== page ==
Why I am not a lawyer

Chad links to an interesting article in the NYT about the relative decline in prestige and fulfillment accruing to law and medicine. A number of reasons for the growing dissatisfaction are given, but I’m going to go out on a limb and suggest that it misses an important one: doctors and lawyers are both heavily protected by professional associations and state licensing laws.

Licensing restricts entry into the professions and raises the returns on education for the people who practice them. But by putting up barriers to entry, they also allow the gatekeepers to subject aspirants to arduous training often disconnected from their true needs. For lawyers, this means an imposing law school entrance exam, three years of difficult, stressful, expensive study, tests that have little to do with lawyering, an even more difficult bar exam, and then, for many, years of tedious work as an associate. The med school education of doctors is probably more worthwhile, but it’s followed by extremely stressful and arguably dangerous (for patients) years of internship and residency in which lack of sleep is practically a form of hazing. Without the protection of licensing and groups like the ABA and AMA, I very much doubt that these forms of education would persist.

In other words, these professions still earn good money but are now largely composed of people who have self-selected as willing to put up with years of mandated drudgery. Is it any wonder that self-expressive work and entrepreneurship now hold so much more cachet?

This, anyway, is my uninformed outsider’s opinion. My many friends who have recently or will soon graduate law school are welcome to step up and defend the system.

Comments

  1. Barzelay says:

    No defense here. I agree. When I decided to pursue law, I made the choice to undergo several years of what I thought would be intense and stressful schooling. In truth, for me at least, it was neither. Nevertheless, I face the bar exam (a barrier that I actually would defend, for various reasons), and then many years of employment where 90% of my work will be drudgery.

    But as you say, law still provides good money. The distinctions between law (and medicine) and other careers as an entrepreneur or in business are that, for the most part, those other careers have more risk (along with more potential reward). If one gets in to a reasonably good law (or medical) school and gets reasonably good grades there, one is basically guaranteed a substantial amount of wealth for so long as one wishes to pursue the profession. Part of that guarantee is thanks to the artificial scarcity of talent caused by the barriers to entry, but nevertheless, it’s cushy.

    The success of the investment economy has meant that over the last 60 years or so, and the last 25 years in particular, the risks of business in America aren’t as high as they once were, and the rewards are higher. Much less risk, for instance, than business in a developing country. And so the prestige of our professions has dipped in comparison to careers that tend, in our country right now, to be more lucrative. In developing countries, however, law and medicine are still accorded the same prestige they once were in America. It’s why our legal and medical corps are now composed of so many foreigners. When you’re very comfortable, you’re willing to take risks.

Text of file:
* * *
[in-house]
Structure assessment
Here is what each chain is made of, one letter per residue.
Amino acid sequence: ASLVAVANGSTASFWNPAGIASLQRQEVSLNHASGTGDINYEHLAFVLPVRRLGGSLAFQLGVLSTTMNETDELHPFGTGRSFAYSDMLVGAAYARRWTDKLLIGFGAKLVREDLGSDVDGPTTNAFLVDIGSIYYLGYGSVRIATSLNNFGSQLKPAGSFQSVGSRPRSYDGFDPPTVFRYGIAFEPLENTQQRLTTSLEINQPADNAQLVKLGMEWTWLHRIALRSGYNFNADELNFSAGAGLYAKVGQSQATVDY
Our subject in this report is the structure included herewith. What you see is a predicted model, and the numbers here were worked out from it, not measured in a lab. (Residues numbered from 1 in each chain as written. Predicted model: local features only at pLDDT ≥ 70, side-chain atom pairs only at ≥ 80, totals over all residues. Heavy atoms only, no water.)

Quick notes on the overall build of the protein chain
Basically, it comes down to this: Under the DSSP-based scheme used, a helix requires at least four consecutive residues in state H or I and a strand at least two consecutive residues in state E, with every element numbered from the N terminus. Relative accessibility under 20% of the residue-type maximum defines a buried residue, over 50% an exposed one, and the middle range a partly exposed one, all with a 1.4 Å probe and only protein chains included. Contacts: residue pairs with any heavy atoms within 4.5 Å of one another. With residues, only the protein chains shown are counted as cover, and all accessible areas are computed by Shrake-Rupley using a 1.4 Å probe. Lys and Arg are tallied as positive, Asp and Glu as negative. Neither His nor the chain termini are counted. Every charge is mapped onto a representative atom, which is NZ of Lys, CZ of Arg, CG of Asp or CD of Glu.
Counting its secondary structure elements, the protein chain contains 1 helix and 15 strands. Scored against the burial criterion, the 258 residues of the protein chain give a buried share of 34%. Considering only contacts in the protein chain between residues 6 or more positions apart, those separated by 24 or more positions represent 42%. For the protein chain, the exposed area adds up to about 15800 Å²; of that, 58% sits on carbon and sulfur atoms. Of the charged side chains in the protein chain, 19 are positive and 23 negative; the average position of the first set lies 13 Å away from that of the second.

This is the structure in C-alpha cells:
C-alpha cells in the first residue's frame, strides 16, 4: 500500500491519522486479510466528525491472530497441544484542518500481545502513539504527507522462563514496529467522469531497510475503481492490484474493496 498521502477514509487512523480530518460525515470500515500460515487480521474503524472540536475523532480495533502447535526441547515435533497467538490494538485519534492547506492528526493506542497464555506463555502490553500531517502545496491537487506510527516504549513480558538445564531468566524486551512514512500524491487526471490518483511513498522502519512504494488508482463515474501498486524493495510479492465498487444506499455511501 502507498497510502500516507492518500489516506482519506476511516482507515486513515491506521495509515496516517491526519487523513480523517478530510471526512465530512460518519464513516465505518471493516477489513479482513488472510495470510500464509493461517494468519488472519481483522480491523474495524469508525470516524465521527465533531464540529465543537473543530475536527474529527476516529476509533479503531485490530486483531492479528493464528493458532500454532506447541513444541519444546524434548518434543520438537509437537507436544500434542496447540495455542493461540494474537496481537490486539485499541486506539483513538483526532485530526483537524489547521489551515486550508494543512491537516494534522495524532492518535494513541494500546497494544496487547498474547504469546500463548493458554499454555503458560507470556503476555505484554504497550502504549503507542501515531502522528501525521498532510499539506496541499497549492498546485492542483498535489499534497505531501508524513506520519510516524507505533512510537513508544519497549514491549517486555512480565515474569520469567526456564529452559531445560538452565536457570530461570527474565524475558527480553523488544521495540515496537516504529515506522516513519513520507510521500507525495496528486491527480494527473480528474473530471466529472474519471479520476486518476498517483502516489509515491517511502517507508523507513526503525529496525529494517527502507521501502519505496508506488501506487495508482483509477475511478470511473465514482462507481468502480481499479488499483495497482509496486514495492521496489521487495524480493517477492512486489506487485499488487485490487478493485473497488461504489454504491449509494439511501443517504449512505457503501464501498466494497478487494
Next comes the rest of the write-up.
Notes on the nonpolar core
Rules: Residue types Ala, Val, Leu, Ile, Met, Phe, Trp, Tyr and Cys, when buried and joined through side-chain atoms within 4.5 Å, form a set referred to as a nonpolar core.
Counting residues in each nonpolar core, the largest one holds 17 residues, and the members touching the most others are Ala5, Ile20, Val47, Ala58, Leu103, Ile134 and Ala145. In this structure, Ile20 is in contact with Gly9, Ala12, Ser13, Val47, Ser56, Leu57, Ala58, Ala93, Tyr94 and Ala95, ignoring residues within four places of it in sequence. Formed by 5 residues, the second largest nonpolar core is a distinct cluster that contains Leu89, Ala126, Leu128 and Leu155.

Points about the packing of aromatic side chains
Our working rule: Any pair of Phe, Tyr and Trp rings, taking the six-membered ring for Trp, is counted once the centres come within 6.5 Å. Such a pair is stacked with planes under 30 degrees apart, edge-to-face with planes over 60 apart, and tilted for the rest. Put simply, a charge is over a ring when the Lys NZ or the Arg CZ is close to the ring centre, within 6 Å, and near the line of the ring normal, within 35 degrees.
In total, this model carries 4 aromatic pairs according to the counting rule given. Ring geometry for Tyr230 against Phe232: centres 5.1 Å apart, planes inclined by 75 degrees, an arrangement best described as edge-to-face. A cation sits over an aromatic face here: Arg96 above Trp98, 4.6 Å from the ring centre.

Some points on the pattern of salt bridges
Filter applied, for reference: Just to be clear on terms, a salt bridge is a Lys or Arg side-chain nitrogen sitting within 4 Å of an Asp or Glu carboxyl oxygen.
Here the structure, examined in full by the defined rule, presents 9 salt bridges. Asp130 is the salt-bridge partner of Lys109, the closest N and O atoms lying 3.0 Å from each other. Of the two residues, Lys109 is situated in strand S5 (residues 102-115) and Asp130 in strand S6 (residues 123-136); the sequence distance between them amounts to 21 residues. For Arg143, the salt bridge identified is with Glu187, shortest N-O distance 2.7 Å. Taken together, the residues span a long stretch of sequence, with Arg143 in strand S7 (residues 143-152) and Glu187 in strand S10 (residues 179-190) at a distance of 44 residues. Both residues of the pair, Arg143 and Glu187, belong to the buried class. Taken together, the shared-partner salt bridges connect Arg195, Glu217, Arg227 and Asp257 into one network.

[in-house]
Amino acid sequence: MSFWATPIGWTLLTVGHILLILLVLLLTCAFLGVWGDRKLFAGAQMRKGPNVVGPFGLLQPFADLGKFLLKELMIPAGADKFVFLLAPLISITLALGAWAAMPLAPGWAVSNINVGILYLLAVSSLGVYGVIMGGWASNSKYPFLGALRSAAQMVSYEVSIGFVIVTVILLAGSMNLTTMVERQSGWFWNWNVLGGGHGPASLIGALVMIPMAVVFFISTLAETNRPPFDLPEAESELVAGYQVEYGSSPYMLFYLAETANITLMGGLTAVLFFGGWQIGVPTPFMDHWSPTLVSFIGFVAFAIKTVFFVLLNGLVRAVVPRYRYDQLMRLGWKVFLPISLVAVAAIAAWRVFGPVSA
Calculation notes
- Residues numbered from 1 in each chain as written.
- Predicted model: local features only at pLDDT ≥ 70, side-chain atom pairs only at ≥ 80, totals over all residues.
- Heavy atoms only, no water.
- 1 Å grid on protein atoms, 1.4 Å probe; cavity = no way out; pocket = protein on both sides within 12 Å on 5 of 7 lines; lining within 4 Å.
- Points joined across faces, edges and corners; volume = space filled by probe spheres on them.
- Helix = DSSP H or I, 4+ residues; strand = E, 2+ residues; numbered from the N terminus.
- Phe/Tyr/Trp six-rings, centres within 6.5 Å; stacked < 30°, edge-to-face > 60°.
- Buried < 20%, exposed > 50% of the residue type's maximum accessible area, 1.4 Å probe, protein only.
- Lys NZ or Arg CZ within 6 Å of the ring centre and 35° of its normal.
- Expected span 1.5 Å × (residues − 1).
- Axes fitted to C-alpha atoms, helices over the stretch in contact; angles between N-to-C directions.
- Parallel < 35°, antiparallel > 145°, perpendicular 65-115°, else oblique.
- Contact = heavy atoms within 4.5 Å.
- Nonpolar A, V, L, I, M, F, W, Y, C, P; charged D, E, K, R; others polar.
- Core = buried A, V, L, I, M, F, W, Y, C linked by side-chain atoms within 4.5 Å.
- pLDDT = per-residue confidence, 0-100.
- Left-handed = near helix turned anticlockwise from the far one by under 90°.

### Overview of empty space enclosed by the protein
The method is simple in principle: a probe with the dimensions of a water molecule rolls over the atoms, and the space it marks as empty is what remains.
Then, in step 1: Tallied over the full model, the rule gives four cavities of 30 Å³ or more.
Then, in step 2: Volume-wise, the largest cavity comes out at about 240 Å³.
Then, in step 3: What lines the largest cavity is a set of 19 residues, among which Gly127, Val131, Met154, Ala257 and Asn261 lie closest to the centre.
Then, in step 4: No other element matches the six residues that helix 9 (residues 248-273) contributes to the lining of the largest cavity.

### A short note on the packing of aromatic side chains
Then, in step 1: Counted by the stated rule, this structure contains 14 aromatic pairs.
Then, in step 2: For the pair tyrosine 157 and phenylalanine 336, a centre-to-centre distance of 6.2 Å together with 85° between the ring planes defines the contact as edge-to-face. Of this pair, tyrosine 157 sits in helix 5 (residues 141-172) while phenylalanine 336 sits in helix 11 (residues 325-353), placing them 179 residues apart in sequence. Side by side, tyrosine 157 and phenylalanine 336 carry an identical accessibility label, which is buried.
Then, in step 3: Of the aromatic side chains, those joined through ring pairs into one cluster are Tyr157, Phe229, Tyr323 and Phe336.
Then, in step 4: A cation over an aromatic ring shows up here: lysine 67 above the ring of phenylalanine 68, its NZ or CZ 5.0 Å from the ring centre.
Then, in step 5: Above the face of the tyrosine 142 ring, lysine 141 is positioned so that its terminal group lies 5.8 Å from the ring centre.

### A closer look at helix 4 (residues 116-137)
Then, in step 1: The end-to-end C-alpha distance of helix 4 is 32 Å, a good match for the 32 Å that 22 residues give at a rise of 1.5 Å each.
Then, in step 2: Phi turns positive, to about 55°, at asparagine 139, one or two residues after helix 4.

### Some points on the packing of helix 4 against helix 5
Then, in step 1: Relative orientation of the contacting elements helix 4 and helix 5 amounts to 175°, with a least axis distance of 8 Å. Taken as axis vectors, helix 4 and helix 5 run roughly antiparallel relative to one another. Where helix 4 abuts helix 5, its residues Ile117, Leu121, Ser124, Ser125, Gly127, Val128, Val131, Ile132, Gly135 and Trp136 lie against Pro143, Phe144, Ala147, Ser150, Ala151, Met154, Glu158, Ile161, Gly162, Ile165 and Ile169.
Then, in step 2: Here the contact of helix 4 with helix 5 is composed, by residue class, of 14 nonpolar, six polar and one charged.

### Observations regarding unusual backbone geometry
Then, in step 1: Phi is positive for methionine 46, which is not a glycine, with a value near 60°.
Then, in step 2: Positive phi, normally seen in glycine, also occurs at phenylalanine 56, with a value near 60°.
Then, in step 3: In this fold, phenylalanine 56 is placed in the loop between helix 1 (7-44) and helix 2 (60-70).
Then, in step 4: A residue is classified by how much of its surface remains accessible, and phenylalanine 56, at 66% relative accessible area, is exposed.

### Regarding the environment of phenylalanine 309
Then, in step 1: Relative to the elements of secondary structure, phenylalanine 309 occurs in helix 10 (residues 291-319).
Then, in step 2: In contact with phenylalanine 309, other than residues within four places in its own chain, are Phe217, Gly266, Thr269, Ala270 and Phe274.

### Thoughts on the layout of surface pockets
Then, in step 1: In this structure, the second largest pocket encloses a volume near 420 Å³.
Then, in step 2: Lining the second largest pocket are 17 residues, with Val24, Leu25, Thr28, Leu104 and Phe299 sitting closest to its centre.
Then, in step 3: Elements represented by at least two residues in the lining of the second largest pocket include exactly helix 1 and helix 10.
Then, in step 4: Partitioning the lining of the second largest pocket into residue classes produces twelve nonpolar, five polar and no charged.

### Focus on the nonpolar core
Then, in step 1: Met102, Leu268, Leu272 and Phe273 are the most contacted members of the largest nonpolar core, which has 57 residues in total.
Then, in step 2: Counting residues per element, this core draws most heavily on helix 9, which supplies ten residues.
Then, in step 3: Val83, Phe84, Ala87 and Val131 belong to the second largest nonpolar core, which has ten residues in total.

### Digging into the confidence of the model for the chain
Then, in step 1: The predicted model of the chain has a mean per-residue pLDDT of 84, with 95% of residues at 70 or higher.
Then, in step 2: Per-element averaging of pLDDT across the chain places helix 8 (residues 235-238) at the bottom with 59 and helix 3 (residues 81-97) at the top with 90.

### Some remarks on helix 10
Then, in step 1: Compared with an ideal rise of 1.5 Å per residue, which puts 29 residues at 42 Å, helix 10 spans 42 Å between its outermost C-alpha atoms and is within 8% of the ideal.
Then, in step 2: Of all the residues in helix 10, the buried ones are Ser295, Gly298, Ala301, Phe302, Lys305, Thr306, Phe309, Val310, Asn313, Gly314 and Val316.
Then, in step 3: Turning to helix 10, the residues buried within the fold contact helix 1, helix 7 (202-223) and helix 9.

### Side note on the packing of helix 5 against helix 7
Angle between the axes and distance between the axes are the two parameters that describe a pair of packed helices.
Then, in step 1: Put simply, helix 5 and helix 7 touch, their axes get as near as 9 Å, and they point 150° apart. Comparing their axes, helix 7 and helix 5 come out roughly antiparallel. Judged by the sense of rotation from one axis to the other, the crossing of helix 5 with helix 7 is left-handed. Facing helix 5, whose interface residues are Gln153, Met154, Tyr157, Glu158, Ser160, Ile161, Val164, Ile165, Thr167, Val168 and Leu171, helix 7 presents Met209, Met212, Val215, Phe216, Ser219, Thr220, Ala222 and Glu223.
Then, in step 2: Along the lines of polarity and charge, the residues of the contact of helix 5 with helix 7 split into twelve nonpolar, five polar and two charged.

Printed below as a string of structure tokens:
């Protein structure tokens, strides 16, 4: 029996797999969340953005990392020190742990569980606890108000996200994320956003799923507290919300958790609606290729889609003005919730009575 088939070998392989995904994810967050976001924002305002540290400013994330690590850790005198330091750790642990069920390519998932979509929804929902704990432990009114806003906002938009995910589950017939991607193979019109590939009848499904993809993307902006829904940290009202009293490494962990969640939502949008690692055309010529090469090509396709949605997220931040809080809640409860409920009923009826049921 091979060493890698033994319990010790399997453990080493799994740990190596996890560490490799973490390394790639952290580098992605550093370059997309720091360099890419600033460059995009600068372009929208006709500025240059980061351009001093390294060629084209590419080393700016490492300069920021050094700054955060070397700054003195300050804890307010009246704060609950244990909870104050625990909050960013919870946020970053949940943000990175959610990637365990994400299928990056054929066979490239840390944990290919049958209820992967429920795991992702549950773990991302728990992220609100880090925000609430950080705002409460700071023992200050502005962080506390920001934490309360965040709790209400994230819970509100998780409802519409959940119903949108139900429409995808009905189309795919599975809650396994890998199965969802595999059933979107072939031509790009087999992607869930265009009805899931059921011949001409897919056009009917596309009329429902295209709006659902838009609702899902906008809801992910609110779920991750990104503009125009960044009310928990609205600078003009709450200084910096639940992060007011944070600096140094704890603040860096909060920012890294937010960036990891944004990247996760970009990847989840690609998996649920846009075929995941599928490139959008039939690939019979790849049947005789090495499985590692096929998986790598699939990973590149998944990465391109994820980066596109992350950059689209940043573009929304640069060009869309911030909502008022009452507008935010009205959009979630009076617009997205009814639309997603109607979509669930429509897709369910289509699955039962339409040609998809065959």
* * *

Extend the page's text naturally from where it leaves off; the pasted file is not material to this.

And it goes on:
That brings up another interesting point for which I have no support. I am sure that, compared to former demographic profiles, applicants to the legal and medical professions now come more from more middle-class backgrounds. The professions used to be reserved to the wealthy, but that is no longer the case. I think that is both symptomatic of, and causative of the decline in prestige.

  2. RumorsDaily says:

    No defense of the system, but an observation (concurrence with Barzelay?) that law school isn’t really all that arduous… certainly not compared to doing real work. With the exception of my first run through finals which was exceedingly stressful, I found my pre-law school work experiences to be much more panic inducing. They were often more time consuming as well.

    This, I’m sure, is in no way a harbinger of the stressfulness and lengthy time requirements of future employment opportunities.

  3. Ben says:

    Hmmmmm, I actually found law school to be incredibly hard and constantly stressful. True, I am the type who is easily stressed. But in law school, I had SO much more work than I ever had in college and was always struggling to catch up. I could never “turn off”…I was always worrying about the next thing I needed to accomplish.

    I much prefer working in the “real world.” However stressful my job gets (which comes and goes depending on how near I am to a trial), I can generally go home at night and turn off. It’s so…free-feeling. I have free time, again!

    But, yeah, I can offer no defense of law school except to say that I found it inherently interesting. It certainly didn’t teach me how to be a good lawyer (beyond the first year).

    If the bar system actually kept crappy lawyers out of the courts, I’d have more support for it. But some of the lawyers I deal with make it abundantly clear that isn’t the case.

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